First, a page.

It’s one percent excitement and 99 percent dread.
The Spain versus Ireland game will be hard to look at. The whole set-piece is the closest we’ll ever get to that ‘imagine if Barcelona play Stoke’ fantasy. One can imagine watching with cringing trepidation as Xavi, Iniesta and Alonso paint their pretty pictures on the pitch, mesmerising our honest lummoxes, and ridiculing our pretensions to being even a modest football nation.
But perhaps Ireland, with the manager’s relentless focus on the ‘little details’ in defence and his pathological unwillingness to take any risks in search of a goal, are as well-equipped as anyone to stifle Spain. Switzerland were hardly overburdened with silky attacking players and they scraped an, admittedly slightly surreal, win over Spain at the 2010 World Cup. Their goal in that game proved that Spain are vulnerable to long boots up field, which, I hardly need to tell you, will come as fantastic news to Ireland.
The only sadness being that our chief playmaker and creative force from the glorious late 1980s/early 1990s period, Packie Bonner, is no longer around. Shay Given, the stats tell us, lacks Packie’s incisiveness, though maybe he just lacks Niall Quinn and Tony Cascarino.
England even managed to beat Spain, albeit in a friendly, in Wembley last year, setting a world record for passes back to their goalkeeper in the process, a tacit admission of creative bankruptcy. Ireland, for their part, declared creative bankruptcy a long time ago, and Trapattoni appears to have appointed himself liquidator. Irish supporters will be heartened to learn that creative bankruptcy is not necessarily a total hindrance in this fixture. In fact, those with pretensions to creativity are probably the most vulnerable against Spain.
However, another sadness emerges, when one remembers that in 1992, FIFA decided to screw over British-style football teams (a category to which we sadly belong) when they banned goalkeepers picking up back-passes, thereby outlawing one of the undoubted jewels of the game; the panicky, but almost risk-free, pass back to the goalkeeper when under pressure, a practice which contributed to making Italia 90 the spectacle it was.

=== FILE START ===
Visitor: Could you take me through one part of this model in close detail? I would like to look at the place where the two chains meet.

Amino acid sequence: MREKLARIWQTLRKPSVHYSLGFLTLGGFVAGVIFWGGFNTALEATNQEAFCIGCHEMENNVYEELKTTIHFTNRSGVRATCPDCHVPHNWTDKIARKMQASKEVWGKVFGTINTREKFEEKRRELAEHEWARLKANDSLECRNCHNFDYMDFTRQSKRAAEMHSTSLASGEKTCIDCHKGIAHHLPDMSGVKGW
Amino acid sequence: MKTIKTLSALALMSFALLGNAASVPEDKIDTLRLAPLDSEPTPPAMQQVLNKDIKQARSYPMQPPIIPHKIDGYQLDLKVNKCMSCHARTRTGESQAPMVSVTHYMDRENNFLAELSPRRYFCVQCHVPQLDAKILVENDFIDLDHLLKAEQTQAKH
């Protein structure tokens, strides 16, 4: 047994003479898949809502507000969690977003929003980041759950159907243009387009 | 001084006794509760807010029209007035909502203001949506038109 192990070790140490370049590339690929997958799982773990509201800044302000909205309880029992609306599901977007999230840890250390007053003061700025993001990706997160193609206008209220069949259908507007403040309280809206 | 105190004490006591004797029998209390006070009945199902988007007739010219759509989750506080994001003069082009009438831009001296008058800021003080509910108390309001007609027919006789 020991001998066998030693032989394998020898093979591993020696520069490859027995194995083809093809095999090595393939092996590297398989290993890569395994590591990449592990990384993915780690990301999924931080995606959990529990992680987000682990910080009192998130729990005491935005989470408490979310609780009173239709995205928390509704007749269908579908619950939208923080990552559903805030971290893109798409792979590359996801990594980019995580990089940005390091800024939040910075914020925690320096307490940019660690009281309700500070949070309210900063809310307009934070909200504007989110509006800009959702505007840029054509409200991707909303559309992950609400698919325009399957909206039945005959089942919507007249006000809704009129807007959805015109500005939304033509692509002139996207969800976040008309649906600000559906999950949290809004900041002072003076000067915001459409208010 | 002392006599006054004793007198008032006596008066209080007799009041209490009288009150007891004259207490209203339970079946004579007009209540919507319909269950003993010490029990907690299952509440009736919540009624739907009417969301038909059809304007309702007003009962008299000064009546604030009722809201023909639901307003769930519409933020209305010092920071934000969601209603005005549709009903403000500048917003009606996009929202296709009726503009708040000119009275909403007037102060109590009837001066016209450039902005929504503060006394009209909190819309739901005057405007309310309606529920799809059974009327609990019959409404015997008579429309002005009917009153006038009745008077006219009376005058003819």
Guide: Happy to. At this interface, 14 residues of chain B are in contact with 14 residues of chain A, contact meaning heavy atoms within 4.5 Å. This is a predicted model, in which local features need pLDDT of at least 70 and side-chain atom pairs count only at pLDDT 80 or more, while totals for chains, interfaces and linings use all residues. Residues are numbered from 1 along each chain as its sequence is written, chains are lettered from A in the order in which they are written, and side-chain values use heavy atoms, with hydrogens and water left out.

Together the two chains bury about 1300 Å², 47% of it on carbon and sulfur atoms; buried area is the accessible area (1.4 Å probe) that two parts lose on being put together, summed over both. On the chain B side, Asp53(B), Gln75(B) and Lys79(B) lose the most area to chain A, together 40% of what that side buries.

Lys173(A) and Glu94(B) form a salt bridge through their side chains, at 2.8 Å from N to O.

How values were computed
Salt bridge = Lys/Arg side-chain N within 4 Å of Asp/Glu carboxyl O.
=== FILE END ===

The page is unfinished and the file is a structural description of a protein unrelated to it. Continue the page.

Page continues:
Another chink of light is that Spain, when set alongside other world beaters from times gone by, aren’t the most prolific goalscorers. There is a large preponderance of 1-0 and 2-0 wins, and the odd 0-0, as teams sit 10 men in front of them and the Spaniards grow excessively enchanted by their own pleasing patterns, intoxicated by their own slinky artistry. One happy occurrence would be if Spain fall so in love with holding on to the ball that they forget to pursue the back of our net. That their midfield fall into one of their sleepy, self-indulgent moods and don’t wish to surrender the possession they enjoy so much by doing something so crude as having a pop at goal.
Given that Spain, for all their other qualities, hassle and harry like rabid dogs when they don’t have the ball, and our boys are capable of losing the ball when their only opponents are traffic cones, Ireland will no doubt forget about possession. Trapattoni will probably have drilled into them that even having it at all will leave us unacceptably vulnerable to a counter-attack. The motto isn’t so much, ‘If they don’t have the ball they can’t score’ as ‘if we don’t have the ball, we can’t lose it in an awkward position.’ Whereas every Spain player lovingly strokes the ball with relaxed assurance, every Irish attempt to string a few passes together in our own half is a breathless high-wire act.
Trapattoni is unwilling to risk flighty ball players like James McClean and Seamus Coleman at home to Armenia and Macedonia so he is unlikely to have any use for them against Spain. (And Andy Reid, who I briefly thought would be nominated for World Player of the Year in 2009, despite, nay because, he hadn’t kicked a ball for us all year, will of course see no action). Even the most ambitious and purist-minded of Ireland’s followers have accepted we will be unashamedly crude against Spain. We will have to set about them, disrupt them, like drunken hooligans invading the stage at the Royal Ballet.
Trap’s main mantra as Ireland manager has been vigilance about the ‘little details.’ This focus involves obsessing over such hobby horses as defenders positioning for opposing throw-ins, issuing reminders to players to waste time wherever possible, etc. The ‘little details’, for those connoisseurs of RTE’s soccer coverage, are what John Giles used to refer to when asking the technical people to ‘pause it there’ before pointing to a central midfielder who was marginally out of position, and blaming the subsequent misfortunes on him, stating ‘It looks like nothing…’ The effect of this focus on the ‘little details’ has been to refine the side’s defensive concentration more generally. Despite the nerve-induced lapses against Croatia, the fact remains that Ireland still went eight games without conceding a goal in the middle of 2011.
Trapattoni played for AC Milan under legendary manager Nereo Rocco who reputedly said once ‘Let’s hope it’s a good game but that the better team loses.’ Trapattoni no doubt gets a kick out of such an attitude. Ireland’s (pre-Croatia) defensive solidity, doggedness, workmanlike nature, newly-found cynicism and awareness of their own limitations make them ideal candidates to stifle the all-conquering Spaniards.